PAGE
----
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An Investigation into the "Match-up" Hypothesis in Celebrity Advertising: When Beauty May Be Only Skin Deep
Michael A. Kamins
Journal of Advertising
Vol. 19, No. 1 (1990), pp. 4-13
Published by: Taylor & Francis, Ltd.
Stable URL: http://www.jstor.org/stable/4188750
Page Count: 10
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This study represents a supportive test of the attractiveness aspect of the "match-up" hypothesis of celebrity/product congruence discussed in depth by Kahle and Homer (1985). The hypothesis implies that the physical attractiveness of a celebrity endorser may only enhance both product-and ad-based evaluations if the product's characteristics "match-up" with the image conveyed by the celebrity. Empirically, it was found that for an attractiveness-related product, use of a physically attractive celebrity (Tom Selleck) was observed to significantly enhance measures of spokesperson credibility and attitude toward an ad, relative to use of a physically unattractive celebrity (Telly Savalas). Alternatively, the physically attractive celebrity was found to have no effect on various spokesperson-, product-and ad-based dependent measures relative to the physically unattractive celebrity for an attractiveness-unrelated product. Implications of these findings for advertising strategy are discussed, and directions for future research are outlined.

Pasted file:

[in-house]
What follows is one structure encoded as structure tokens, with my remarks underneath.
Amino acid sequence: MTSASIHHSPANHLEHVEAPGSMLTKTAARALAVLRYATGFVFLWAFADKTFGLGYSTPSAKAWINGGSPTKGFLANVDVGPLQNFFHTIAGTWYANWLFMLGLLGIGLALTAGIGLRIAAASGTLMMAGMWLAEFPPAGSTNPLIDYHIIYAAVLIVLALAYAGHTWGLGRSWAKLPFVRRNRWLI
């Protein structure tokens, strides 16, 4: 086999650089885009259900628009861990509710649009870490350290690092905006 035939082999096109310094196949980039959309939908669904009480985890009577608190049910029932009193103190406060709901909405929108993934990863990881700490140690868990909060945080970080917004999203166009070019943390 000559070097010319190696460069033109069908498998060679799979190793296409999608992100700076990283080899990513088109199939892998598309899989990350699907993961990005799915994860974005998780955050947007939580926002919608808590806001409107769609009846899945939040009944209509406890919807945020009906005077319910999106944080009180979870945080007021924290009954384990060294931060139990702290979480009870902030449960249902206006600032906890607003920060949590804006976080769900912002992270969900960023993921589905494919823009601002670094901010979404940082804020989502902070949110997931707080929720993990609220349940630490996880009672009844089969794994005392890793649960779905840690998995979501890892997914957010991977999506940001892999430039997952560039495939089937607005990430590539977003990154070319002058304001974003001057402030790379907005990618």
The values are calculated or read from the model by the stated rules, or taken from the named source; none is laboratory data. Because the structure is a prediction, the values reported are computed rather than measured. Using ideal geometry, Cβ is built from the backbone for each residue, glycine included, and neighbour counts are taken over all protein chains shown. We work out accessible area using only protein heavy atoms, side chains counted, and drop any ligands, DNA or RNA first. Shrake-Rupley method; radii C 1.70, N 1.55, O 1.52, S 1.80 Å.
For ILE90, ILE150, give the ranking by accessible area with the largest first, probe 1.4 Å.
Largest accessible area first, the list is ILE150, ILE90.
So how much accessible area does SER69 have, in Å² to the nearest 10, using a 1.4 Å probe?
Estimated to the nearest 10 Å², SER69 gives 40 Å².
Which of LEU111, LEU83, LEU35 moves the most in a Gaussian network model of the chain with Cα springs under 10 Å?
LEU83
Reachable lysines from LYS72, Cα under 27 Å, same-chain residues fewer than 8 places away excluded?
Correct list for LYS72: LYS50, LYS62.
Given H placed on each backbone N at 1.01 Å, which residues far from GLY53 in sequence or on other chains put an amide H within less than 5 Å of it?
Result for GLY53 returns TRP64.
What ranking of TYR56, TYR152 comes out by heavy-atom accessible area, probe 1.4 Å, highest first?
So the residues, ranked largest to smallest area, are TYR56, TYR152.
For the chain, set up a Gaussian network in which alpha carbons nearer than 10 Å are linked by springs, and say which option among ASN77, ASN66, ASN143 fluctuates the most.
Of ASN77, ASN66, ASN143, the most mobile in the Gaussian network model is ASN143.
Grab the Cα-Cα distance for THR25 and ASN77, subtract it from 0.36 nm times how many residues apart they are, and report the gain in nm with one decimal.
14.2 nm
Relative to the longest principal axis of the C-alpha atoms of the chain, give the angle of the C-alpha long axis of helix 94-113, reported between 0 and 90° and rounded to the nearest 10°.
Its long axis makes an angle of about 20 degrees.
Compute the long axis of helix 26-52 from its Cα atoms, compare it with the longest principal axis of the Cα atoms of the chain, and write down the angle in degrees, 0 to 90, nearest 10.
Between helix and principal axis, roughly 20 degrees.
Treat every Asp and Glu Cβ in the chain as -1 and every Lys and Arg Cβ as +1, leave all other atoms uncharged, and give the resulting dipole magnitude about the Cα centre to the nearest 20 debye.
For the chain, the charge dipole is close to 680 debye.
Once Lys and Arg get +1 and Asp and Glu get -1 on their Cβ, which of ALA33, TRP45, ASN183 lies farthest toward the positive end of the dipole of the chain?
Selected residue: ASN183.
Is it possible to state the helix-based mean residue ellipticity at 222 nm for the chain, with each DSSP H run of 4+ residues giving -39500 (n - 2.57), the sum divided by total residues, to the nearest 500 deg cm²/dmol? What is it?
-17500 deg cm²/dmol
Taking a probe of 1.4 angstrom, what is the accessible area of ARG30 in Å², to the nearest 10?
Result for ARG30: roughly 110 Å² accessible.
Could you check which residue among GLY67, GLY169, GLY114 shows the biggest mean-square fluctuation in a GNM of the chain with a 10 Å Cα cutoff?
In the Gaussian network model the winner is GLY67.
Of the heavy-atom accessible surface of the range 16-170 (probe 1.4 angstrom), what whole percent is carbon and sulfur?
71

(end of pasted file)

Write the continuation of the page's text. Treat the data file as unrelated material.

Journal of Advertising © 1990 Taylor & Francis, Ltd.